Back to the flowers. I’ve been busy tossing them up all over the house and they make me happy.
It feels like it’s been for-ev-ver since I last blogged, but I guess it’s only been about three weeks. In the space-Internet continuum, that is forever. I have so much to say, that I don’t even know where to start but I promise to make every effort to rein it in, Bubba.
We’re all settled in to our new house and we love, love, love it. We were expecting to downsize, coming from a three bedroom American house to little European quarters but this place is several hundred square feet bigger than the house we just finally closed on (woohoo!). And that’s not even counting the two attics or the giant wine cellar. We got rid of a ton of stuff before moving here, and now we have more space and less stuff and really what’s better than that? I will say, though, that the layout is definitely very European and nothing makes that clearer than the tiny little Ikea couch I bought that is currently serving as an obstacle to the laundry room instead of family seating because it doesn’t fit up the staircase. When The Man finally gets back and our good friends move here next month, the guys are going to have to heave ho the little couch over the terrace and OUT OF MY LAUNDRY ROOM HALLWAY.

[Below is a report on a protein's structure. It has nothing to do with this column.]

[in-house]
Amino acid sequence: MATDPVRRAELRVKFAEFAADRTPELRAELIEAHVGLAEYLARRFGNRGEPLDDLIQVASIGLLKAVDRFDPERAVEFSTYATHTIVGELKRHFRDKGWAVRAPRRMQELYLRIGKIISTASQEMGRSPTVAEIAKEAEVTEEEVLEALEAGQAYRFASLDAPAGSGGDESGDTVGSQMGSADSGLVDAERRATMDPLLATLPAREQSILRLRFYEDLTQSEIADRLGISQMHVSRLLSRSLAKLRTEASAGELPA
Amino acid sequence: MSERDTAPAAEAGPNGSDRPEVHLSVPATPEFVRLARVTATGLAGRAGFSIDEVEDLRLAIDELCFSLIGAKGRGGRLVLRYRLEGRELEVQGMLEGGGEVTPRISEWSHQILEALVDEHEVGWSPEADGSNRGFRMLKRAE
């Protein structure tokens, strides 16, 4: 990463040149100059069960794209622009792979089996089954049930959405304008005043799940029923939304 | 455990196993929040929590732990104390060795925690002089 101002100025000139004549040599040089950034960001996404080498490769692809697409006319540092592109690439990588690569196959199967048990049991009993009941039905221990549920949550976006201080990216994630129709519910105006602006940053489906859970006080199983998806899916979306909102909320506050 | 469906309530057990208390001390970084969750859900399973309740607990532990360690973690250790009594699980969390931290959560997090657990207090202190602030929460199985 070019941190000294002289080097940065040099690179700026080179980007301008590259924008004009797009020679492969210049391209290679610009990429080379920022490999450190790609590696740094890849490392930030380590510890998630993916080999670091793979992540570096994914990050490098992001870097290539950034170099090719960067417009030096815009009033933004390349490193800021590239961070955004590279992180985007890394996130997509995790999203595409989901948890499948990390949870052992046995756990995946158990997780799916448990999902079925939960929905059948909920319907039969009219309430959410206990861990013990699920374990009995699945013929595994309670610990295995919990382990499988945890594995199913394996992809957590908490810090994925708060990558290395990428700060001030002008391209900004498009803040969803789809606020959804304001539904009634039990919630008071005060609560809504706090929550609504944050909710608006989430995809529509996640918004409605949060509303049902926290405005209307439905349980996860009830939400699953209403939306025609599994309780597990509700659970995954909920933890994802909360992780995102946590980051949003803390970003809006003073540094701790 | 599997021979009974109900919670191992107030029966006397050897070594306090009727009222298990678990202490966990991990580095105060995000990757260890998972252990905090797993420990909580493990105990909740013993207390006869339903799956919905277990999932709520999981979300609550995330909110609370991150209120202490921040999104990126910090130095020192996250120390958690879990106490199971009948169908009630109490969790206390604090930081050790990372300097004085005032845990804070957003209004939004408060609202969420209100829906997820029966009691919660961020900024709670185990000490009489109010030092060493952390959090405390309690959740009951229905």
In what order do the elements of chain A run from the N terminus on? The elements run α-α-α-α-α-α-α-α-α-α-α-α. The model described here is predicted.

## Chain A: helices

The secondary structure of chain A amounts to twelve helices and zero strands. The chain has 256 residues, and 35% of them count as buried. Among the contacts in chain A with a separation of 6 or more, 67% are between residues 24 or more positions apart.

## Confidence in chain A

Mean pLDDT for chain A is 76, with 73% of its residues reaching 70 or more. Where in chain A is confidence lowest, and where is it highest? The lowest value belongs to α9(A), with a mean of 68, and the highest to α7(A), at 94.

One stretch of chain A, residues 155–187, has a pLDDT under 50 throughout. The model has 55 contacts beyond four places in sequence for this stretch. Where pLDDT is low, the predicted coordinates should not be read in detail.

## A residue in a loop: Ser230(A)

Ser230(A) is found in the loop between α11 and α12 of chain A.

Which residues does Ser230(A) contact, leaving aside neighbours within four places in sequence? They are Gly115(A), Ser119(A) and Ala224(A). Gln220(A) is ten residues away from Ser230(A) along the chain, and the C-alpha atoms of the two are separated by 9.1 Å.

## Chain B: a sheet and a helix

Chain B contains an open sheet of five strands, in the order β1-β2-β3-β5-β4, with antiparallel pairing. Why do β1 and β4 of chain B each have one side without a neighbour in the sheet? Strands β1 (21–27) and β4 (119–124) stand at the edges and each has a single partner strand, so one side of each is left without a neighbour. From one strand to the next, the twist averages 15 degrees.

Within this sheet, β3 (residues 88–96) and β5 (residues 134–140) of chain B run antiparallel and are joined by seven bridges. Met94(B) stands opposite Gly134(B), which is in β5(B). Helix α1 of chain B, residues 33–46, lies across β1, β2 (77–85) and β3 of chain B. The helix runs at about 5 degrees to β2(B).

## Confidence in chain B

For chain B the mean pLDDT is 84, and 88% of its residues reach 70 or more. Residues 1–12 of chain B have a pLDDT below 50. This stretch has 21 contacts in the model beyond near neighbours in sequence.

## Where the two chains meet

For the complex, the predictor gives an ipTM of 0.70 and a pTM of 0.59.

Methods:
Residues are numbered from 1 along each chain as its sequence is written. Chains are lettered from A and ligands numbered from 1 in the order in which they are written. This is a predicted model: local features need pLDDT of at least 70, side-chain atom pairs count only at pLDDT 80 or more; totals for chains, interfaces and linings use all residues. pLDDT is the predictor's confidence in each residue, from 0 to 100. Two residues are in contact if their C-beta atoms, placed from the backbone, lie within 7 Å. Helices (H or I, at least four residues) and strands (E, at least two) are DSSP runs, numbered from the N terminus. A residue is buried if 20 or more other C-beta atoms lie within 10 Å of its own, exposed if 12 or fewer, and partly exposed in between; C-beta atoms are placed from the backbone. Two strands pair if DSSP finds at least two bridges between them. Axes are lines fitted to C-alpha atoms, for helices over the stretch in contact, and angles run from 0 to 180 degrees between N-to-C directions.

I guess I haven’t taken a whole ton of pictures of the house, because the décor all feels so transitional. But, here’s an overexposed, blindingly bright picture of the garden and the side of the freaking huge house. I can’t wait until those lilacs bloom!
Cheeseball started German kindergarten last week. She loves being in school and I think it’s really helping her with her interest in learning German. Of which she previously had none. Don’t get me wrong, she’s picked up a few things. Danke schön. (Thank you) Wie geht’s? Gut, danke. (How are you? Good, thanks.) And, of course, the incredibly important ich möchte ein eis. (I would like ice cream.)
But, most of her German is more Cheeseball than German. Entschuldigen (excuse me, as in hello there pay attention to me, please) and Entschuldigung (excuse me, as in oops sorry, didn’t mean to squash your toe) are both pronounced chilly goo and translate as either “oops, sorry” or “how do we get home?”.
She also knows alles which means “that’s all” but she translates as “no chocolate cookies for Cheeseball” and gets very upset at the bakery when you ask for croissants and pretzels and then say alles. NO, NOT ALLES. Also, cookies. Then you say “chilly goo, Cheeseball, but the baker only understands German!” and then you’re the meanest mommy EVER.
Ok, stopping now. I still won’t have Internet at home for another week, but I’m scheduling a few posts to go up in the meantime so you don’t have to read my whole oh my gosh life is freaking fascinating right now and I could write an entire novel about it - not a good novel, but one of those really long ones that you had to read in school that jump all over the place and go on and on and on and seem like a big waste of letters and awfully naval gazing thought process all at one time. You’re welcome.